"Do you have a graph that's more relevant to the current warming, just showing, say, the last 100-200 years? Because what we're concerned with is the *current* warming, not paleohistorical-type warming."
I'm still hoping to get a [substantive] reply.

p.s. If you-the-CEO wanted to check out the "GCR" contrarian view, you could go to the excellent SkepticalScience , search for "cosmic rays", and find&skim the excellent Could cosmic rays be causing global warming?
In short -
"What the science says: While the link between cosmic rays and cloud cover is yet to be confirmed, more importantly, there has been no correlation between cosmic rays and global temperatures over the last 30 years of global warming."

Contrarian View II - it's us, but it won't be so bad
This second contrarian view is that climate change is real, that it seems to be human caused, but that the likely future temperature change prospects aren't as dire as projected.

There's a standard metric for judging the likely severity of future climate change - namely, how much higher the world temperature will go if we allow the amount of CO2 in our atmosphere to double, known as the "CO2 doubling sensitivity". This contrarian view holds that its likely value (which we can't know for sure, ahead of time) lies somewhere in the range between 1.5 and 3 degrees Centigrade; and therefore, that the "scorched earth" 3C value wouldn't be too likely, since it's way over at the fringe of the "most likely" range.
...Whereas my understanding, from my reading in the science-aligned climate blogging community (link), is that the scientific evidence indicates that the likely "sensitivity" range extends considerably higher than 3C - that it's 1.5 to 4.5C - and that multiple lines of evidence indicate the most likely sensitivity is somewhere around 3 degrees C, the aforementioned "scorched earth" value.

(Since this project is about how to approach science, & not about rational climate policy, I won't slip into policy & explain why climate action would *still* be the only sane response even if the science did support this "not so high" sensitivity - but if you want to know more, you can see the degree-by-degree chapters in the book "6 degrees - our future on a hotter planet" (blog) - and also consider that the parameters are necessarily underestimates - that the future extends beyond 2100, and that dumping CO2 into the air won't magically stop when there's twice as much of it up there.)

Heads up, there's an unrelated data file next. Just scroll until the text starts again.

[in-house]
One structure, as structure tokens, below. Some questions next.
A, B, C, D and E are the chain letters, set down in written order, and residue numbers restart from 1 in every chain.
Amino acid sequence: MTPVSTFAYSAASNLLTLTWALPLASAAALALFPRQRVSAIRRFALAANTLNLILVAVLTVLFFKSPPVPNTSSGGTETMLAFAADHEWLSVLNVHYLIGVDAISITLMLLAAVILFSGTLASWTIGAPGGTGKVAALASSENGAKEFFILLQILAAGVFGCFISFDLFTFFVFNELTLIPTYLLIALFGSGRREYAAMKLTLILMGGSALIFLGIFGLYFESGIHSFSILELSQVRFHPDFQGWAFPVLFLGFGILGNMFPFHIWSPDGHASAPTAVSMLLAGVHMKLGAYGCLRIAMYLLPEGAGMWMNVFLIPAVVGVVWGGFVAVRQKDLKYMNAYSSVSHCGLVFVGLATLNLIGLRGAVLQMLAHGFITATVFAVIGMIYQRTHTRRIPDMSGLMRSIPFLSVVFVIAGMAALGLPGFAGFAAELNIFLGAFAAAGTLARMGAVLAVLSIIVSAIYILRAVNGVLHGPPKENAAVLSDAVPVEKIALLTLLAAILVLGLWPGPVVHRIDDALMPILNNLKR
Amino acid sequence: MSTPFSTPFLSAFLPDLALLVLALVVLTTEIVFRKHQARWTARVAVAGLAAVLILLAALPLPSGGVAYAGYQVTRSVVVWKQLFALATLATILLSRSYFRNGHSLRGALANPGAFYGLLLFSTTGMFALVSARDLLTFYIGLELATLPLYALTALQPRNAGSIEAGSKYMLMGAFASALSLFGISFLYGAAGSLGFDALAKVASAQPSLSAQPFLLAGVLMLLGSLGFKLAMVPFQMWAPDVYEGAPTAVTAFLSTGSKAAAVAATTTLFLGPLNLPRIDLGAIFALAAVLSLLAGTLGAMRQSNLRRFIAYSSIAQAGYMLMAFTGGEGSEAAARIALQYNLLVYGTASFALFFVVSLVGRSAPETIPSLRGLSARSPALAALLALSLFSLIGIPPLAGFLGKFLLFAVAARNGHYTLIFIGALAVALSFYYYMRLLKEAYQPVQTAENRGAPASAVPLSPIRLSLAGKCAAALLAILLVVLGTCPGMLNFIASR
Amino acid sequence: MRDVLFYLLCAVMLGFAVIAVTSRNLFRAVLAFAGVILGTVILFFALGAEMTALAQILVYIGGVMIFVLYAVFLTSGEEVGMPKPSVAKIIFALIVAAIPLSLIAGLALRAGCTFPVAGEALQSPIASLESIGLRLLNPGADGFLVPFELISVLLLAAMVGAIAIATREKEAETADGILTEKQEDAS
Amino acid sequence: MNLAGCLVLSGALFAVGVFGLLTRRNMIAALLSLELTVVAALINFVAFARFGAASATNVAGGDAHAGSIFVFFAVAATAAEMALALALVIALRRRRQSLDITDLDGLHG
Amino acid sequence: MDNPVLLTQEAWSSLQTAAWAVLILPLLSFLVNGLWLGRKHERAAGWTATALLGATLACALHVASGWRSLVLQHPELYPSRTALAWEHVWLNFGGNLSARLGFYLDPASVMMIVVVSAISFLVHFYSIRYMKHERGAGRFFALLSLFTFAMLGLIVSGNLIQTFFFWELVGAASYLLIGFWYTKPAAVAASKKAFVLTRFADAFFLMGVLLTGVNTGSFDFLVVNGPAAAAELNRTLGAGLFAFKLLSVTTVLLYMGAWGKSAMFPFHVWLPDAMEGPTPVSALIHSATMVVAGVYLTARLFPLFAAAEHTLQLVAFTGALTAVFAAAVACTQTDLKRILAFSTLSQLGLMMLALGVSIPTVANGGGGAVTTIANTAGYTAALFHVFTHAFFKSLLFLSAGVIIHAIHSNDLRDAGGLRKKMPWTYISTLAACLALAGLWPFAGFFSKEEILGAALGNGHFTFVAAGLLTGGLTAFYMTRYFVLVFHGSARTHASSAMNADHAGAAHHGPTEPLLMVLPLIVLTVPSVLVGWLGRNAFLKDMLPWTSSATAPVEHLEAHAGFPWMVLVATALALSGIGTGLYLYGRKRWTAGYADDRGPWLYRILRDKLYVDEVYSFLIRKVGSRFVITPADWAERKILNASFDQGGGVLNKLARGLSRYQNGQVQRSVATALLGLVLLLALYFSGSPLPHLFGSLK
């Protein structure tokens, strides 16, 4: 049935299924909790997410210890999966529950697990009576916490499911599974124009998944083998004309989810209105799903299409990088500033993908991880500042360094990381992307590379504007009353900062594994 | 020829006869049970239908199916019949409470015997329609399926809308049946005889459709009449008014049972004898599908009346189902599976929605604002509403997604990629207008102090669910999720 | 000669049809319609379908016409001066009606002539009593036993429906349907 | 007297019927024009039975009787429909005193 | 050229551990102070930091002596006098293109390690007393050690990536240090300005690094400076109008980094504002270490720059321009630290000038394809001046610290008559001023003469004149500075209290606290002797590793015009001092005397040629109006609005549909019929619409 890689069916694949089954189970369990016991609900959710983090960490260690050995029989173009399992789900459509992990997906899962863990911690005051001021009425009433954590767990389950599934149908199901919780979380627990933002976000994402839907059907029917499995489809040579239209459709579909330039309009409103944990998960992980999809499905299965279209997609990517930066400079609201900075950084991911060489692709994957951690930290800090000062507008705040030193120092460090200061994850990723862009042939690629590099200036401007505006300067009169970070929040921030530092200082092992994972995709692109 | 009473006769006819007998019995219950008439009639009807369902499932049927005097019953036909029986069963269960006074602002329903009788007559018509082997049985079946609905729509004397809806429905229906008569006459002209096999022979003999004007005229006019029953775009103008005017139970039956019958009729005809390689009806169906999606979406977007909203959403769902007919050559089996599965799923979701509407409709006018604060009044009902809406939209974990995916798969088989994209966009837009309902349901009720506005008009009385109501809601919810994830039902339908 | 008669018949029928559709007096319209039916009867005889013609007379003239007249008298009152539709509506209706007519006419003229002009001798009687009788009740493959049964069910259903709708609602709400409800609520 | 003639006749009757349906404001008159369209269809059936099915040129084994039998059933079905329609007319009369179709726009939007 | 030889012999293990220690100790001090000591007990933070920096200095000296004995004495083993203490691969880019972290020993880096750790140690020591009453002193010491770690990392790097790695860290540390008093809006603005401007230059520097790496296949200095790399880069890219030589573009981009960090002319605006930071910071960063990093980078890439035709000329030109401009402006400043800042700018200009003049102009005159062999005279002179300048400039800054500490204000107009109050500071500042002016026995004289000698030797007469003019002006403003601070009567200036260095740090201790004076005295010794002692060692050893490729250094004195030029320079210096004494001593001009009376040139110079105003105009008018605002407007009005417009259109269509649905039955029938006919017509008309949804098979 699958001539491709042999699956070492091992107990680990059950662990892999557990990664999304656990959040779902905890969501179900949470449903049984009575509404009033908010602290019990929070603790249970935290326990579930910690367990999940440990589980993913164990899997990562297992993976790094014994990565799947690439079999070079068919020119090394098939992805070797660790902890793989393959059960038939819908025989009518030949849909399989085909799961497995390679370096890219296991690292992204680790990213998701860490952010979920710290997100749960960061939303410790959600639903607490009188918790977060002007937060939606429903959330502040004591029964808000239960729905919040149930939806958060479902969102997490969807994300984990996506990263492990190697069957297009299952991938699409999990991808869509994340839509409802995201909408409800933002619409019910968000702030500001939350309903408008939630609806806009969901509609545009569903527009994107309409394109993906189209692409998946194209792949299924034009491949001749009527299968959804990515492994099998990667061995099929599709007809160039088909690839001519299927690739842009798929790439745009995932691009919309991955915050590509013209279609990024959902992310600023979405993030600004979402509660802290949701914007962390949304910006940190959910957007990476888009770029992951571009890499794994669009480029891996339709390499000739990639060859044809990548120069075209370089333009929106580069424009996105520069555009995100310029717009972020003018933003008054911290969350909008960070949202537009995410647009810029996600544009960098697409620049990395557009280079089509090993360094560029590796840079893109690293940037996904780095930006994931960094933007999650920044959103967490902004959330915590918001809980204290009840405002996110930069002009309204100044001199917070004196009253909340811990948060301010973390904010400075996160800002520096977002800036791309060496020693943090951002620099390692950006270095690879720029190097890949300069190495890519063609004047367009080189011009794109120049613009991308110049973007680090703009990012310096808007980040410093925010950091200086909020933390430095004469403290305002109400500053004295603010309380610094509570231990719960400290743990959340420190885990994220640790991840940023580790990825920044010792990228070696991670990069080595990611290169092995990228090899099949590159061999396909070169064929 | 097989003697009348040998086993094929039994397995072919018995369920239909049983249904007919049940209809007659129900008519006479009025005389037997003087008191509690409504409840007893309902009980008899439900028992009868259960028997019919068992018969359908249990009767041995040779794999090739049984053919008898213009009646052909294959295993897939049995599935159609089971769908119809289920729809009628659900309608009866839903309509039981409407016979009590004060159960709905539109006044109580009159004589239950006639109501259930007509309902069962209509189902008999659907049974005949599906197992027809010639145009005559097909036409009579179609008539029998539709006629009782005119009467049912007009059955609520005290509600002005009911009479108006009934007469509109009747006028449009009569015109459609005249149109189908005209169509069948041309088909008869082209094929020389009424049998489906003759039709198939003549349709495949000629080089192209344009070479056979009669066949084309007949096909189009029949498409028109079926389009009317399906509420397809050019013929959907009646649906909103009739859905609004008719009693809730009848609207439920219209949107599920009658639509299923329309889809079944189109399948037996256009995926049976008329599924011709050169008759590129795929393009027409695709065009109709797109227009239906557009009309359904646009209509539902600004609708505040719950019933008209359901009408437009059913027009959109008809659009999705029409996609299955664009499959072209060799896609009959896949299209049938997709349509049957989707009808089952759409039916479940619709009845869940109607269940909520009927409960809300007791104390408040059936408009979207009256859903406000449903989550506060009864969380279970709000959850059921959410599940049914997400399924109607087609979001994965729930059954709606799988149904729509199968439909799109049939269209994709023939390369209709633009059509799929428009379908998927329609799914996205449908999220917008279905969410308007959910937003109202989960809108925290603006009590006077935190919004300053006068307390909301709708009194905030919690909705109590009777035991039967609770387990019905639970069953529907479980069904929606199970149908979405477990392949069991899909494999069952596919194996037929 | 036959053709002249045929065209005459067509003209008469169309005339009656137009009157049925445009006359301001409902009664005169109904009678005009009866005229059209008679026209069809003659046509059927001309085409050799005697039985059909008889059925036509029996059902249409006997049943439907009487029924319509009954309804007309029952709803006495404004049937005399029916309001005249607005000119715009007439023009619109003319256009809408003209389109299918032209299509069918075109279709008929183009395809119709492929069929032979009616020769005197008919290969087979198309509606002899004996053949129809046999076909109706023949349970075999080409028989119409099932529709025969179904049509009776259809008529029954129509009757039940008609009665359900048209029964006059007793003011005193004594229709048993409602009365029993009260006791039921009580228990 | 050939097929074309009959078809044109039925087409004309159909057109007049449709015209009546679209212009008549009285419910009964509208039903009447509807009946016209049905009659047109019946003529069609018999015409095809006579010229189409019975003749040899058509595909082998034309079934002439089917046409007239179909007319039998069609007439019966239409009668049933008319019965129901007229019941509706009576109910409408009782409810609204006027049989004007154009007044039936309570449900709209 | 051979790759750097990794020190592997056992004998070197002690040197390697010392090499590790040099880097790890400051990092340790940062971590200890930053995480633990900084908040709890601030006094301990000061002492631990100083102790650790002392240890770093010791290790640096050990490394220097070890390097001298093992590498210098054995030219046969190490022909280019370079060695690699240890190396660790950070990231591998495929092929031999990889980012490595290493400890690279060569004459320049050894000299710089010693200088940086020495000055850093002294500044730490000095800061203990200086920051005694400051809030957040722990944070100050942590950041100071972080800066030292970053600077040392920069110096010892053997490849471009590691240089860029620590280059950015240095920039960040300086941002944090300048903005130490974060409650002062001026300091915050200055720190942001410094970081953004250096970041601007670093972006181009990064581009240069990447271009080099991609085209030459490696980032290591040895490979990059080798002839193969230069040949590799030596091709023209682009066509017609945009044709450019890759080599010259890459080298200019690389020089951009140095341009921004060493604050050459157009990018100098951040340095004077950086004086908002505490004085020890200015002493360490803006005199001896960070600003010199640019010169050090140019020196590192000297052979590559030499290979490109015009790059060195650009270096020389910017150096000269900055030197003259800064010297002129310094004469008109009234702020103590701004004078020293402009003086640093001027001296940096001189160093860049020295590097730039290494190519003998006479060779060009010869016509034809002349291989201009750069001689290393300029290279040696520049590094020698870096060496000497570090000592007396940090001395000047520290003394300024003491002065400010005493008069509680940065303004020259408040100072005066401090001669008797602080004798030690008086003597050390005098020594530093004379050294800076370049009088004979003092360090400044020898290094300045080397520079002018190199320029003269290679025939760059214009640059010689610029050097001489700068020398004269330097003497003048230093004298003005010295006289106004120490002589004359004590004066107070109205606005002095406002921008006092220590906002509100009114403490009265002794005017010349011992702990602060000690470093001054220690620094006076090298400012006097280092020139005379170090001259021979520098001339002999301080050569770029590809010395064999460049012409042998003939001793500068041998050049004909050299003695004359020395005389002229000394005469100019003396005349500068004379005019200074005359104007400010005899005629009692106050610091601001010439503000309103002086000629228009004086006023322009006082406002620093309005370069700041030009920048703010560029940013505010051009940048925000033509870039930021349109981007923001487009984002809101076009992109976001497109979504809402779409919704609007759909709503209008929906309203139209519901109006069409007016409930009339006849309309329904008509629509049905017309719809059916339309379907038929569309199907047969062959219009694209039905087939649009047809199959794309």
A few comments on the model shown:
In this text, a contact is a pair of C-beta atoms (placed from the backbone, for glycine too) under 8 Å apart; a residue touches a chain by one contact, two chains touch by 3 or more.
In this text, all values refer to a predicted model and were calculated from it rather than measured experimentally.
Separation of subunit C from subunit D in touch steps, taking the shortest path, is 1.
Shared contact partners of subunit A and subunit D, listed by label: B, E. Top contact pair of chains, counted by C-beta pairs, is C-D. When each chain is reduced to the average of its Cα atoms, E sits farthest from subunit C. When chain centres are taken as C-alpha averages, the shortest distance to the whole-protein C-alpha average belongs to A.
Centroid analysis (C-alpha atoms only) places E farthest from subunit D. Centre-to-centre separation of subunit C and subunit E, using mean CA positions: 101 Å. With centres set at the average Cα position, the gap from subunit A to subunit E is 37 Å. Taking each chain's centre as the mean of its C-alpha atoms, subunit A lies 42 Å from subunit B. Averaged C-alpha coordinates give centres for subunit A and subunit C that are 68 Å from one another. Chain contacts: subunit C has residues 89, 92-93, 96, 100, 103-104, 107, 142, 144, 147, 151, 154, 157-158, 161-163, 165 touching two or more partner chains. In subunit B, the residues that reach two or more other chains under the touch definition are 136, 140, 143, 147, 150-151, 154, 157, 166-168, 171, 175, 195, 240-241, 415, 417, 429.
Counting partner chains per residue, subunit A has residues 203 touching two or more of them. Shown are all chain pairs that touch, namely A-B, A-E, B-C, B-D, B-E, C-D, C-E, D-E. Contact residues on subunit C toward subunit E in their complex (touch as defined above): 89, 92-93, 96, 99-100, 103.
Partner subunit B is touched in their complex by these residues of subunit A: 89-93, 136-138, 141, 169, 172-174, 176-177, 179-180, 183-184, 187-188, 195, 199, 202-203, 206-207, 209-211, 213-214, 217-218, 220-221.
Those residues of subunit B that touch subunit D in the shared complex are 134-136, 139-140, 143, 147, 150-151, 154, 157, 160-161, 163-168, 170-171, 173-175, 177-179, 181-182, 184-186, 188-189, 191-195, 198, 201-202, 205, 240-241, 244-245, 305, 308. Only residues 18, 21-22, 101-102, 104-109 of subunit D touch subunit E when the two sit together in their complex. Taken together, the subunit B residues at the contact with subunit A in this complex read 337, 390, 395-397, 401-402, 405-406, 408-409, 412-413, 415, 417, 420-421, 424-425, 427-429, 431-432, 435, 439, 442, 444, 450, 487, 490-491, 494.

So to look into the science for this "low sensitivity" climate view, I've asked an adherent to point me to the evidence we'd need (if we were delving into the "sensitivity" science ourselves and not, say, delegating this task to the excellent SkepticalScience "sensitivity" page) in order to see 1.5-3C as the most likely range:
"A request for sources bearing on the "1.5-3C likely range" conclusion:
In short [could you point me to]:
A) strong
(est) papers supporting [the 1.5-3C range], (3 or fewer, please)
B) strong
(est) scientists supporting, (3 or fewer, please)
C) (if possible) strong
(est) lines of evidence supporting,
D) strong
(est) data or arguments *opposing* A and/or C, & why they're unconvincing.

These are the 4 things I'd need in order to evaluate the 1.5-3C estimate, right? If I've missed any, please let me know."
When I get any of this information, I'll report & analyze it.


Anna Haynes said...

Here's an update on the "climate sensitivity" part of this experiment.

Anna Haynes said...

...and an update on the "Galactic Cosmic Rays"/"It's the sun" part - this contrarian declined to participate further, most likely because:

"There is no trend in GCR [to correspond with the increasing-temperature trend]. It's really that simple. - gavin"

Anna Haynes said...

(to clarify a bit, the above "no trend in GCRs" quote is from a real climate scientist, not from the local contrarian)

Anna Haynes said...